King’s Lynn was originally called Bishop’s Lynn, but became a royal town when Henry VIII dissolved the monarchy – first becoming Lynn Regis before being given its current name. It is a pretty market town set on the river Great Ouse with many beautiful old buildings. The Waterstones in King’s Lynn is set on one floor and has a large children’s department.
Town Hall and Trinity Guildhall
The Corn Exchange
The Custom House
The man in the statue is Captain George Vancouver who explored parts of the North West cost of North America and has several places named after him. The plaque on the statue reads:
King’s Lynn Conservancy Board Offices and Pilot’s Tower
River Great Ouse
There are a couple of branches of Waterstones based in University campuses – this one is at the University of Anglia, situated to the west of Norwich. The University was founded in the 1960s and notable alumni from the world of literature include Sir Kazuo Ishiguro, Ian McEwan and Tracy Chevalier.
Although this branch is open to anyone, it felt really weird walking to the branch through the campus – I felt like an interloper!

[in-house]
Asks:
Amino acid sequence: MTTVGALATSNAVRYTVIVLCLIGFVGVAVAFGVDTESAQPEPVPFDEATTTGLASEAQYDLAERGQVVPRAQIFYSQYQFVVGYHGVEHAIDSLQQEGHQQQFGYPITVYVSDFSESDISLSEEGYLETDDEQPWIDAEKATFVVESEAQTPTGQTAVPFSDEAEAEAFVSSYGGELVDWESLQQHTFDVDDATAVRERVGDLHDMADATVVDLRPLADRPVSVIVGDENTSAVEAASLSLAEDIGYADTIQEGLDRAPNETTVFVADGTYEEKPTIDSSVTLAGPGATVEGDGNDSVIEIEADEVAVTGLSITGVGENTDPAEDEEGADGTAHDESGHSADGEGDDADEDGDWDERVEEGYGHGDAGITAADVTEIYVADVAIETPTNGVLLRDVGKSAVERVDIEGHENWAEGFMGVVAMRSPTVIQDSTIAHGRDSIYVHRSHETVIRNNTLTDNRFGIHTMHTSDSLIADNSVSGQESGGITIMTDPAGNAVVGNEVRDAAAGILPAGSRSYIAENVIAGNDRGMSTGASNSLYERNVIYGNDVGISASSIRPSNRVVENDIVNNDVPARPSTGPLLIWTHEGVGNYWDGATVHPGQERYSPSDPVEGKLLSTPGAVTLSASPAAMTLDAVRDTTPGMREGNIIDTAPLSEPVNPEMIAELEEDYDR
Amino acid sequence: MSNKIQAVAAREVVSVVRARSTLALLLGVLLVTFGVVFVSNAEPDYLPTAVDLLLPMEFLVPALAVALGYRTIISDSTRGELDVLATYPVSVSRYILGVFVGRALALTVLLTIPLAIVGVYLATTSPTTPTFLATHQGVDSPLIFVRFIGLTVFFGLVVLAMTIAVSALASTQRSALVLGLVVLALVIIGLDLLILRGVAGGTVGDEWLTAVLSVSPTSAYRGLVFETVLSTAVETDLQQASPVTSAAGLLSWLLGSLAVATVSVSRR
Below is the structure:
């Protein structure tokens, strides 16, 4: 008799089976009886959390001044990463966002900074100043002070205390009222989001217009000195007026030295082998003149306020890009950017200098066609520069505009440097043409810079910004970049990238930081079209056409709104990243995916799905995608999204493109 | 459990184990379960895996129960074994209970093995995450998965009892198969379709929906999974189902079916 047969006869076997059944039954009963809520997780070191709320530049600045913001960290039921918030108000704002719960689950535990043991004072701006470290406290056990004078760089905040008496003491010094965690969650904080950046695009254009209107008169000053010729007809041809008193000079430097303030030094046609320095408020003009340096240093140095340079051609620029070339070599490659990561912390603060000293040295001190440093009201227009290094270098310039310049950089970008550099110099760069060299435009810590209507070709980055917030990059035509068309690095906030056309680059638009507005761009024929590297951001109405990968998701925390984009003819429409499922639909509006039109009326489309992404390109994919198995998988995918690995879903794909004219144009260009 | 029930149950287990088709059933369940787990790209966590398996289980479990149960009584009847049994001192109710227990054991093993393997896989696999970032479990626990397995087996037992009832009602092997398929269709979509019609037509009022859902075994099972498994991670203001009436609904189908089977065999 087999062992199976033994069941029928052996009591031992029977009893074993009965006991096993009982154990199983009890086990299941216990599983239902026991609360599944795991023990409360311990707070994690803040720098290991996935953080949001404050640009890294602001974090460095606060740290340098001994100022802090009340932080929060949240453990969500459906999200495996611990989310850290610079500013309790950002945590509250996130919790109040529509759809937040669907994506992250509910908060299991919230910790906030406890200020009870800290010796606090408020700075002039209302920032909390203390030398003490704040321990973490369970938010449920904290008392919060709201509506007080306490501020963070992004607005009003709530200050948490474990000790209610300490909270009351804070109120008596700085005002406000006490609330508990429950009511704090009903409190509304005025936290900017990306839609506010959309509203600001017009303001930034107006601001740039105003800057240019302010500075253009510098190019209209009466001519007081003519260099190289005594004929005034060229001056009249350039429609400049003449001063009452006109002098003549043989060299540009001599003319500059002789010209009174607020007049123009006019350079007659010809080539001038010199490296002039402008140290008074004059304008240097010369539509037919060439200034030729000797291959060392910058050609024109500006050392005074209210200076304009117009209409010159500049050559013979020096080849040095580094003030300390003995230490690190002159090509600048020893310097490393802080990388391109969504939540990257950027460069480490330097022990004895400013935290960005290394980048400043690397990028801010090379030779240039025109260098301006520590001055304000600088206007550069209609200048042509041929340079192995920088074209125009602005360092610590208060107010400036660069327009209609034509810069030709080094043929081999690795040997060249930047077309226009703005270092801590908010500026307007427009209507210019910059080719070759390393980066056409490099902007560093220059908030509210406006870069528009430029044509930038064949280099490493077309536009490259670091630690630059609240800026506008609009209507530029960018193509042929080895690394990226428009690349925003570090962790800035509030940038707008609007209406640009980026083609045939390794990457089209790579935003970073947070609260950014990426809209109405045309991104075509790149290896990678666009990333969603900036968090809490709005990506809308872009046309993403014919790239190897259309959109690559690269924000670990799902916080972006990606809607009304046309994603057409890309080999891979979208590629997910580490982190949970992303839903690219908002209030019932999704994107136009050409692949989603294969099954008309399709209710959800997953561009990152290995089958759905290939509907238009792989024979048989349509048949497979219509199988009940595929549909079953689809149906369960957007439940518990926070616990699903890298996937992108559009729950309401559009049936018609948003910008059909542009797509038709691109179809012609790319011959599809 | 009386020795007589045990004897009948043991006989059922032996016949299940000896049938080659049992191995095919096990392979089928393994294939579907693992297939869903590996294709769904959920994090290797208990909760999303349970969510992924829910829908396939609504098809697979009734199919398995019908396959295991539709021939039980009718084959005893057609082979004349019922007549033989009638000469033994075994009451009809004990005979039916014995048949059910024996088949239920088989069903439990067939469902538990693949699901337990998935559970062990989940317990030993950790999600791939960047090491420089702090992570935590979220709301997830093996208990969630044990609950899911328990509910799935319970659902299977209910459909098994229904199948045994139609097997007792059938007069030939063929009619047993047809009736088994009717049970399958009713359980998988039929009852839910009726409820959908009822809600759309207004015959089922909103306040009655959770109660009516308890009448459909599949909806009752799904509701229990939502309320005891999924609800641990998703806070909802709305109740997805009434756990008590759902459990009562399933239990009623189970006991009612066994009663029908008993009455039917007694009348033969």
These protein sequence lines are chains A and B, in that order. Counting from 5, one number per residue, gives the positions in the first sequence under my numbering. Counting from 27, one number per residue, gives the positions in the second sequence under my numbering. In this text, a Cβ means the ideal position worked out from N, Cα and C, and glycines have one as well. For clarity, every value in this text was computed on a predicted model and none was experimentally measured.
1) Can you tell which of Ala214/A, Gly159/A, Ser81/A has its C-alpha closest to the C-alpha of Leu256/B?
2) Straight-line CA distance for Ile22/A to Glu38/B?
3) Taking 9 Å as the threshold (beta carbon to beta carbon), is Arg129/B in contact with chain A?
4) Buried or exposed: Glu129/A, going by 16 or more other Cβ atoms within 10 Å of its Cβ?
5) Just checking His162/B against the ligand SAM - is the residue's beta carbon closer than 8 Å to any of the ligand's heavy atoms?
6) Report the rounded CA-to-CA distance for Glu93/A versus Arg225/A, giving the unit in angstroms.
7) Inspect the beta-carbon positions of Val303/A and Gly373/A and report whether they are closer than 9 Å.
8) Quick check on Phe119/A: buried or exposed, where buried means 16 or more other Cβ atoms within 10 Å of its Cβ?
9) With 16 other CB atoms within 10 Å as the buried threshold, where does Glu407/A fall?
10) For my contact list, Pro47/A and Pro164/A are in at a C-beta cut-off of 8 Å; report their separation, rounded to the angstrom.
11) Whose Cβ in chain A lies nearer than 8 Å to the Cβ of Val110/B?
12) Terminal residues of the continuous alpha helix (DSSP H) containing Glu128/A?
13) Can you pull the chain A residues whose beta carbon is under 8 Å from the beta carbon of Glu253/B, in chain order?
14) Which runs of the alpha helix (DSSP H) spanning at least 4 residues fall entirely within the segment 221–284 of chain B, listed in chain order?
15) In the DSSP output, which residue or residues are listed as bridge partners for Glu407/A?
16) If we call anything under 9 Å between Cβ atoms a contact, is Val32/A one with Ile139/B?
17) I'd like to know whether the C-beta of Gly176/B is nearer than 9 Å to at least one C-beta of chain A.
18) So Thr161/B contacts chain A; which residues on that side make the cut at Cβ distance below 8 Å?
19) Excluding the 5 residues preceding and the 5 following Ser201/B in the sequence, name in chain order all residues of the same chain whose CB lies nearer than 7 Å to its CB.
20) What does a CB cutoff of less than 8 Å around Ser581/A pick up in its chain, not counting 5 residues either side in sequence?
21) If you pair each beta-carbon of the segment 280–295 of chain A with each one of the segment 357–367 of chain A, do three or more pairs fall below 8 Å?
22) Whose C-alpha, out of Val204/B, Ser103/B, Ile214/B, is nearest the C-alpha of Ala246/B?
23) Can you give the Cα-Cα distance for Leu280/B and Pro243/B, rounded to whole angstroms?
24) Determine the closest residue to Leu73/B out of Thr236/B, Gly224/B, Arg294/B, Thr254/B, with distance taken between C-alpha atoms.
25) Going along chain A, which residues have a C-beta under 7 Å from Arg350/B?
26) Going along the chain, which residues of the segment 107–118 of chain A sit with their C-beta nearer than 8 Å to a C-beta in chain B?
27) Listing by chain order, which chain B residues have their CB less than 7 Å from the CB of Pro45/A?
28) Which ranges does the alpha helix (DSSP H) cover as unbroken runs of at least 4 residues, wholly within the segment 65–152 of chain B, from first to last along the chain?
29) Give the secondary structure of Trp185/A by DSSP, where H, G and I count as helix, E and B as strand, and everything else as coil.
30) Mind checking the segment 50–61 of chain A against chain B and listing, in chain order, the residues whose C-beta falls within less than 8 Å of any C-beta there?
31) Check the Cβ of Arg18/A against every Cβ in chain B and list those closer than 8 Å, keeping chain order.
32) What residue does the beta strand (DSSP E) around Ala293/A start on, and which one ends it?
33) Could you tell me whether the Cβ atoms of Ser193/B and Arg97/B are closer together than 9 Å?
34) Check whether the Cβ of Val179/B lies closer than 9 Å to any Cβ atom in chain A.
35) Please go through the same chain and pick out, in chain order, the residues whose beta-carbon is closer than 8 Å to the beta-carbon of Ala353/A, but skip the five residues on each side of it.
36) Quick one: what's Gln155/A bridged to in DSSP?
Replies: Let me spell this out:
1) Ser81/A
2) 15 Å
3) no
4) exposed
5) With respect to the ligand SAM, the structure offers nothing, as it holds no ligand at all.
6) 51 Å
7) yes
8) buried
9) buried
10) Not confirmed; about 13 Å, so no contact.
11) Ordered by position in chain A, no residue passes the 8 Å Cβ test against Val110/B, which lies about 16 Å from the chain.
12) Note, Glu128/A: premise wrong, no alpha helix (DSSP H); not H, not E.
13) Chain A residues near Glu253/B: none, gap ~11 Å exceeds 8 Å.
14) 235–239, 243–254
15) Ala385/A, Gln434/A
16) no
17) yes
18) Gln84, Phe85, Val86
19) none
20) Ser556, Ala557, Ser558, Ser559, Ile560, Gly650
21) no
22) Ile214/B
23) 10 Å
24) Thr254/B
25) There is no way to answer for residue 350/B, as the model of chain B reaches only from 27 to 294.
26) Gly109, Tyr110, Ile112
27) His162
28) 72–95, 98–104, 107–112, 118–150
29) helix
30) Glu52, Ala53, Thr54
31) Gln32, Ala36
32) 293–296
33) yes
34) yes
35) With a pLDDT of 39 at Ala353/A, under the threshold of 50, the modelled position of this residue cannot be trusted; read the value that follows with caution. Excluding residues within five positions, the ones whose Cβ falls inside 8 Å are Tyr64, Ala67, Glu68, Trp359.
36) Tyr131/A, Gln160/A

The architecture of the site is in the Brutalist style and was designed by Sir Denys Lasdun with later additions by Sir Bernard Feilden. This type of building is considered by many to be ugly, the construction material being concrete, but I quite like it!
We left Ipswich on Friday after a lovely couple of days, and decided that as we were in the east of the country we would do a couple of branches of Waterstones before heading west to our next destination. The first of these was in Norwich city centre. The Waterstones here is a large store with entrances on two streets and is set over two floors. The store has signage celebrating people associated with the area including Delia Smith and Alan Partridge. (Ah-haa!).
Castle Meadow Entrance
Castle Street Entrance
Castle Street Entrance
Norwich has a fab cathedral which has some great stained glass, some of which produce stunning reflections when the sun shines through them.
There was a sculpture trail taking place over the summer months (popular in UK cities as they encourage visits from locals and holiday-makers alike) – Norwich were focusing on hares. The hare doesn’t seem to have any particular significance to Norwich apart from the fact that they are “a popular iconic subject for artists and can regularly be seen in the countryside of East Anglia“! We spotted several – Mr Harebean (left) being a rather freaky example!